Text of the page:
Baj: Like Martha, I prefer to avoid the language of social determinants of health, except when I am inhabiting institutional spaces in which it is required to make myself understood or helps develop common analyses. I prefer to talk explicitly about the political and economic factors that shape people’s experience of illness. A well-known example is northern food supply systems. The twin forces of forced settlement and commodification of food have diminished sustainable food choices over the last few decades, leading to a tremendous increase in the burden of disease. Members of these communities are now making concerted efforts to restore more traditional diets within the constraints of contemporary life. Perhaps we shall see data that shows a change in health outcomes in the coming years as a result. But, essentially, health is determined by decisions made by people for themselves – though not with the unfettered freedom of individual will and whim because that type of libertarianism does not allow for a purposeful, healthy shaping of a shared environment. People who are participants in a particular ecological context should decide how the resources in their region are managed for optimal well-being. Inhabitants should not be pressured by external forces into using resources in ways that do not promote good health.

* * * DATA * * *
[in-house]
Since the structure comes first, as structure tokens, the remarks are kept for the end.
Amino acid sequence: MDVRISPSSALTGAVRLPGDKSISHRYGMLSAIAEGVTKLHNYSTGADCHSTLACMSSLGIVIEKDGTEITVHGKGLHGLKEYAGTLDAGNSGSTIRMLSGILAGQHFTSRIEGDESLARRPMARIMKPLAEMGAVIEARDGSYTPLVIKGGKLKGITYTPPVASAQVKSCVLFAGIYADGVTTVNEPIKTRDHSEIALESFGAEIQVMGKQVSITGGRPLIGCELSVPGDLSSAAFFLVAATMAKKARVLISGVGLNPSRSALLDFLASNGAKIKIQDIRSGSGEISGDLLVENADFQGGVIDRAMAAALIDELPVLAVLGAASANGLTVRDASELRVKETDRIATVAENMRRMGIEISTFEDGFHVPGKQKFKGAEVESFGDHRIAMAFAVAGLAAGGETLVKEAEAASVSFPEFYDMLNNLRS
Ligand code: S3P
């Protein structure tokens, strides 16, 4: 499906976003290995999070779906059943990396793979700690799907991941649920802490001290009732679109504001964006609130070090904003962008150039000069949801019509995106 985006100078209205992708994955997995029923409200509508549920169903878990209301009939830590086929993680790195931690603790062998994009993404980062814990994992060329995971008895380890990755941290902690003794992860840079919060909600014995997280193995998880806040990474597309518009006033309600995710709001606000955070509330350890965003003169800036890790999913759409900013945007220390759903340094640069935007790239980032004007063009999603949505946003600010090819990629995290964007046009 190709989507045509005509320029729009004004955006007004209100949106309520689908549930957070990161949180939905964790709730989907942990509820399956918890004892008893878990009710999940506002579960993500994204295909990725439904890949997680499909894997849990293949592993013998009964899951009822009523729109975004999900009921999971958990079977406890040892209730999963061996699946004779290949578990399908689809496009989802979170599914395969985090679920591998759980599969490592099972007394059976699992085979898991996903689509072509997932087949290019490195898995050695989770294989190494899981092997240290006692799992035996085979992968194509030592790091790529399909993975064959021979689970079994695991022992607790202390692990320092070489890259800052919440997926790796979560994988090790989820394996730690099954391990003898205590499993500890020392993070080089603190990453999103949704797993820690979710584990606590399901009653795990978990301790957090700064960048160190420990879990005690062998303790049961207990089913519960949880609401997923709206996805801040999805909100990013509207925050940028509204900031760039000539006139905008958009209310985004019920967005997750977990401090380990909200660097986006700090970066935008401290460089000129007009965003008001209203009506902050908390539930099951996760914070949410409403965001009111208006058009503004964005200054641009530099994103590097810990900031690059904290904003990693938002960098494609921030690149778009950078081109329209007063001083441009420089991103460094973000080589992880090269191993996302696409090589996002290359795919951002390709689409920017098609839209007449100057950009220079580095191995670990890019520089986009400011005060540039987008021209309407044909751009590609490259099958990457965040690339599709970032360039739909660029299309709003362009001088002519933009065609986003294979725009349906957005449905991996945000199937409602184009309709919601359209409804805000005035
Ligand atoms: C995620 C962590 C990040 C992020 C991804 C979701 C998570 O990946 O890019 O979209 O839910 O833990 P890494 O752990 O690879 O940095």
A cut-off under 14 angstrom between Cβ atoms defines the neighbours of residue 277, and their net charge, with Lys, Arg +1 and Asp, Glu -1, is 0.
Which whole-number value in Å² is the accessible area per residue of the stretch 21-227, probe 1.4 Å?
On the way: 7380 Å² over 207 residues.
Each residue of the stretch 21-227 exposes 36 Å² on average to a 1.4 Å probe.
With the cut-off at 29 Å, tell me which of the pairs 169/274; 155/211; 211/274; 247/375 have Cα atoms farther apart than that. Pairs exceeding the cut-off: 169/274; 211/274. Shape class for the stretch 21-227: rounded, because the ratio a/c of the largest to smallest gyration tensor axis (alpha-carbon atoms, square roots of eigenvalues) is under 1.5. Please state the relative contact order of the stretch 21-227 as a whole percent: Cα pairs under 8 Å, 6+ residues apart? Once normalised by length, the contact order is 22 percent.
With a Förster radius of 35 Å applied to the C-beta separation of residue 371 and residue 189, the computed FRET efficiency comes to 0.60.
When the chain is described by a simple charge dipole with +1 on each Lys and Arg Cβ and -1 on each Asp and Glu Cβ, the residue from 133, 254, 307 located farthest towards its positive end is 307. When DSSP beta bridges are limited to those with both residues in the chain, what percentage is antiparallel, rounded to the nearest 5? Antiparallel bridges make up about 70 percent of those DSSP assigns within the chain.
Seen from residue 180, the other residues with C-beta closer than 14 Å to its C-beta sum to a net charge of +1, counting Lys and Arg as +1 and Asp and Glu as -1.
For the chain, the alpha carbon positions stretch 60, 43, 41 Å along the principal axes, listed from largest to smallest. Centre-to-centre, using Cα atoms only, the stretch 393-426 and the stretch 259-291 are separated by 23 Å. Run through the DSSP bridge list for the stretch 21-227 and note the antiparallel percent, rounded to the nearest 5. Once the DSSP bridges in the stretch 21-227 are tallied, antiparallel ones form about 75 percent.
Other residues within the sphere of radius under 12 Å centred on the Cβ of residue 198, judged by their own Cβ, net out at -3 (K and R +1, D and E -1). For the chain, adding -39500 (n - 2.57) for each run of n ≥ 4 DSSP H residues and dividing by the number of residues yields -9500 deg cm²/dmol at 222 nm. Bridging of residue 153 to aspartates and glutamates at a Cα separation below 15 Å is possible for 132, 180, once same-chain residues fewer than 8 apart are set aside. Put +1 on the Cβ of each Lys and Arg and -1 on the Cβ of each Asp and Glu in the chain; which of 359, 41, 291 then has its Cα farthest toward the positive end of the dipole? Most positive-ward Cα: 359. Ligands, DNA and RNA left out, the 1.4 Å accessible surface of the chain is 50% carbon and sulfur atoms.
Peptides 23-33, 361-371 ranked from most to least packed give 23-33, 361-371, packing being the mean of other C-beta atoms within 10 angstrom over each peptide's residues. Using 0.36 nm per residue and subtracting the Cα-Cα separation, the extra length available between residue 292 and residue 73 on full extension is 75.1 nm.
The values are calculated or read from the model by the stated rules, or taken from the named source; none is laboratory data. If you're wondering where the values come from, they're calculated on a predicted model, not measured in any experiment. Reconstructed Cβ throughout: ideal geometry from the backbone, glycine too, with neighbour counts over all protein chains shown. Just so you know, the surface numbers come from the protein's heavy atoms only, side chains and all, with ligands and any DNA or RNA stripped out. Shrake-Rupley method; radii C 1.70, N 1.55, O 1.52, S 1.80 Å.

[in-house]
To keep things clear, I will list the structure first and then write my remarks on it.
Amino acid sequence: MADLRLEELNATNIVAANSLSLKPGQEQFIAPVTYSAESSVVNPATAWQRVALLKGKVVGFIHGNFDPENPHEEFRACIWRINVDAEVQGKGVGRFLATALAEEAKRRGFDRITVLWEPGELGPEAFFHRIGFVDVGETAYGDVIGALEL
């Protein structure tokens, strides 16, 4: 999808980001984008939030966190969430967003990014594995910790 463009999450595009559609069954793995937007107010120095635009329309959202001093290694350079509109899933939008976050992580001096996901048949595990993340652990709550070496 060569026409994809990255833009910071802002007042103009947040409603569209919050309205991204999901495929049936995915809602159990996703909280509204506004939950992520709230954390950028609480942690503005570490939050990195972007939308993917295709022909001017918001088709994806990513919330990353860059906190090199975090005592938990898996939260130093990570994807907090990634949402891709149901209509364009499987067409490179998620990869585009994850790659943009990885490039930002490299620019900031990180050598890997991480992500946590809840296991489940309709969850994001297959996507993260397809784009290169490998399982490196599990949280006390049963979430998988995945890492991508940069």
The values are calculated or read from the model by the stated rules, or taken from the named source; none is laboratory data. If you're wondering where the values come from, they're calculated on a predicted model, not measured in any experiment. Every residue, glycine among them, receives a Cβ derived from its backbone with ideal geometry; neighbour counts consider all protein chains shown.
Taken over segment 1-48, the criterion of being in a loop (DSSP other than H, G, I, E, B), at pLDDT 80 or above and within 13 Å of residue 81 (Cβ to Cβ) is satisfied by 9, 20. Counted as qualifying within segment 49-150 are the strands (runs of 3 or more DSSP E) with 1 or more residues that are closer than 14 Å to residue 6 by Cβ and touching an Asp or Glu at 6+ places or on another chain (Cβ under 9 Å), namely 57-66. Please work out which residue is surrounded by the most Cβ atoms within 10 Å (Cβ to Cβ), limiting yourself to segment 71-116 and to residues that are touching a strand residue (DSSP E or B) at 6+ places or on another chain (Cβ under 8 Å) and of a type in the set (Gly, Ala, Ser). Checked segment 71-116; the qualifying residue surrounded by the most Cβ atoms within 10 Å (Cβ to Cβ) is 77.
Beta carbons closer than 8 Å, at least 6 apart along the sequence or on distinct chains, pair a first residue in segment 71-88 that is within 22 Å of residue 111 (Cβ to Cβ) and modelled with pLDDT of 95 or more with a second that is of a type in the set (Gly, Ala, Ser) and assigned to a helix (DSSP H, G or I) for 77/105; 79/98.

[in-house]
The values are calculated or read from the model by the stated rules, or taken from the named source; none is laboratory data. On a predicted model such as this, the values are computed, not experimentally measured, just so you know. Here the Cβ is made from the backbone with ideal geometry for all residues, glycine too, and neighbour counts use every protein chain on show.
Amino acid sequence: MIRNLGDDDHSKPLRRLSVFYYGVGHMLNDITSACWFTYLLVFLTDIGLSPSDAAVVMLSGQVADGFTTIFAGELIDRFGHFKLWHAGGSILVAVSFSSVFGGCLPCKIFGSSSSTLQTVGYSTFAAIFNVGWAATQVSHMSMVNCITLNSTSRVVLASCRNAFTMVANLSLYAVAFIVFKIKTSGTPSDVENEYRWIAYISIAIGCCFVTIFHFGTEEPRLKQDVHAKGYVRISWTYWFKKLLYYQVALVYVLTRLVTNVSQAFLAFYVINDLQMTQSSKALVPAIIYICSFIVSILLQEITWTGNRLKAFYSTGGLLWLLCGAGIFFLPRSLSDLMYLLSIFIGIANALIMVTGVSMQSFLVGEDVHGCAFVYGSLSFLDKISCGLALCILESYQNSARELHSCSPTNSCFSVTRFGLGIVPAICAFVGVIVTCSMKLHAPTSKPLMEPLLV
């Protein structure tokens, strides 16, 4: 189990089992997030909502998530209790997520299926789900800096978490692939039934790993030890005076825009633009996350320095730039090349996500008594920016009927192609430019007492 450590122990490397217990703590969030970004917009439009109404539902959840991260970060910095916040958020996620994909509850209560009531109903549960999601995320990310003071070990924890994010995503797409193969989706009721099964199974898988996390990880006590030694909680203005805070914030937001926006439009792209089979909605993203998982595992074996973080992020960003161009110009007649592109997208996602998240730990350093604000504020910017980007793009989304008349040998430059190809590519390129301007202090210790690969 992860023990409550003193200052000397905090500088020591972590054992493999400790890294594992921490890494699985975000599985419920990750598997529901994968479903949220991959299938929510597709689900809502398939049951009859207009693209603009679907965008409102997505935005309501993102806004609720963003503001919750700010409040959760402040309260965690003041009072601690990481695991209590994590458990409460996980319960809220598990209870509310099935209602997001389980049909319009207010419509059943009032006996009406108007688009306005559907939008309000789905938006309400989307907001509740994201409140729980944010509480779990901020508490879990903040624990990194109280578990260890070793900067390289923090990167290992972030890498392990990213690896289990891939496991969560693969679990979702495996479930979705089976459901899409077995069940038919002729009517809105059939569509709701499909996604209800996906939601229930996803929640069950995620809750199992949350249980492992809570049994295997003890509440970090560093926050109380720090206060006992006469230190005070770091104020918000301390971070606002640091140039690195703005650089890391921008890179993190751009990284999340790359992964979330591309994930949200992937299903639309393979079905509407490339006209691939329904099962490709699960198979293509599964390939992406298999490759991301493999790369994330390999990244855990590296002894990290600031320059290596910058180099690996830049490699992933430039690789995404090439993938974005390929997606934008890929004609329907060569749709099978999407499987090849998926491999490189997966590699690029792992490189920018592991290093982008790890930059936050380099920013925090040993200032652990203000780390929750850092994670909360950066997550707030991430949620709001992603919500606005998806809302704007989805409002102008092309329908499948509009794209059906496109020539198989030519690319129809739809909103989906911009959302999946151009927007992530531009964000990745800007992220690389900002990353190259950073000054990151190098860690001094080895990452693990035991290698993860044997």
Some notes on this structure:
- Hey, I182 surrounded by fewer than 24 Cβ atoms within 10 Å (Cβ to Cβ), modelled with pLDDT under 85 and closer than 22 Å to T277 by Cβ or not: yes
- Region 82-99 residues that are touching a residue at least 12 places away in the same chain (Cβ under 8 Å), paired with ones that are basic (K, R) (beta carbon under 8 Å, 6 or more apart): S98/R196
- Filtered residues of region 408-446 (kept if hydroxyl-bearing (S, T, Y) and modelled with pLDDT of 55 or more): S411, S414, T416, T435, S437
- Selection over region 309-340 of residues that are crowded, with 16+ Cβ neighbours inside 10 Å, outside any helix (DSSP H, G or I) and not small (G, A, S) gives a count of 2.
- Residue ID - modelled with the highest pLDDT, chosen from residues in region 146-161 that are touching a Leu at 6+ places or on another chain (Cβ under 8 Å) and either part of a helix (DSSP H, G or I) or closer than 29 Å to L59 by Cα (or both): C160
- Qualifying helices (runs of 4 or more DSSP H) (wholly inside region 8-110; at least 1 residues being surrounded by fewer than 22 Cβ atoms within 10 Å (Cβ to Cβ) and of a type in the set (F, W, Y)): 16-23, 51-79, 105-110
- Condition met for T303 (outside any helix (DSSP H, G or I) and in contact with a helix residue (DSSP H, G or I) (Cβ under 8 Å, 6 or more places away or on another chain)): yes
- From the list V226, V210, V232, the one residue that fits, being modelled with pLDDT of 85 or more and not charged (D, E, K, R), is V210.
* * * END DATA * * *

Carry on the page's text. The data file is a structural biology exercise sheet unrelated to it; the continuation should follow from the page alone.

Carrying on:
As a clinician, I try to integrate an analysis of how people experience these factors on a personal, day-to-day level through their illness. Physiological distress makes people vulnerable on many levels, and these vulnerabilities are exacerbated by those distresses that politics, history, economics, and society press upon people. In many ways, humans are like broken vases – we glue ourselves together to be functional on a daily basis but given a certain amount of stress at a certain angle, we crack along all the old fault lines. When the body registers pain, old wounds start to throb, too, as neural pathways formed long ago are triggered once more – every insult, every injury, every injustice shadows every illness. Nazim Hikmet’s poem, “Angina Pectoris,” encapsulates this idea much more eloquently: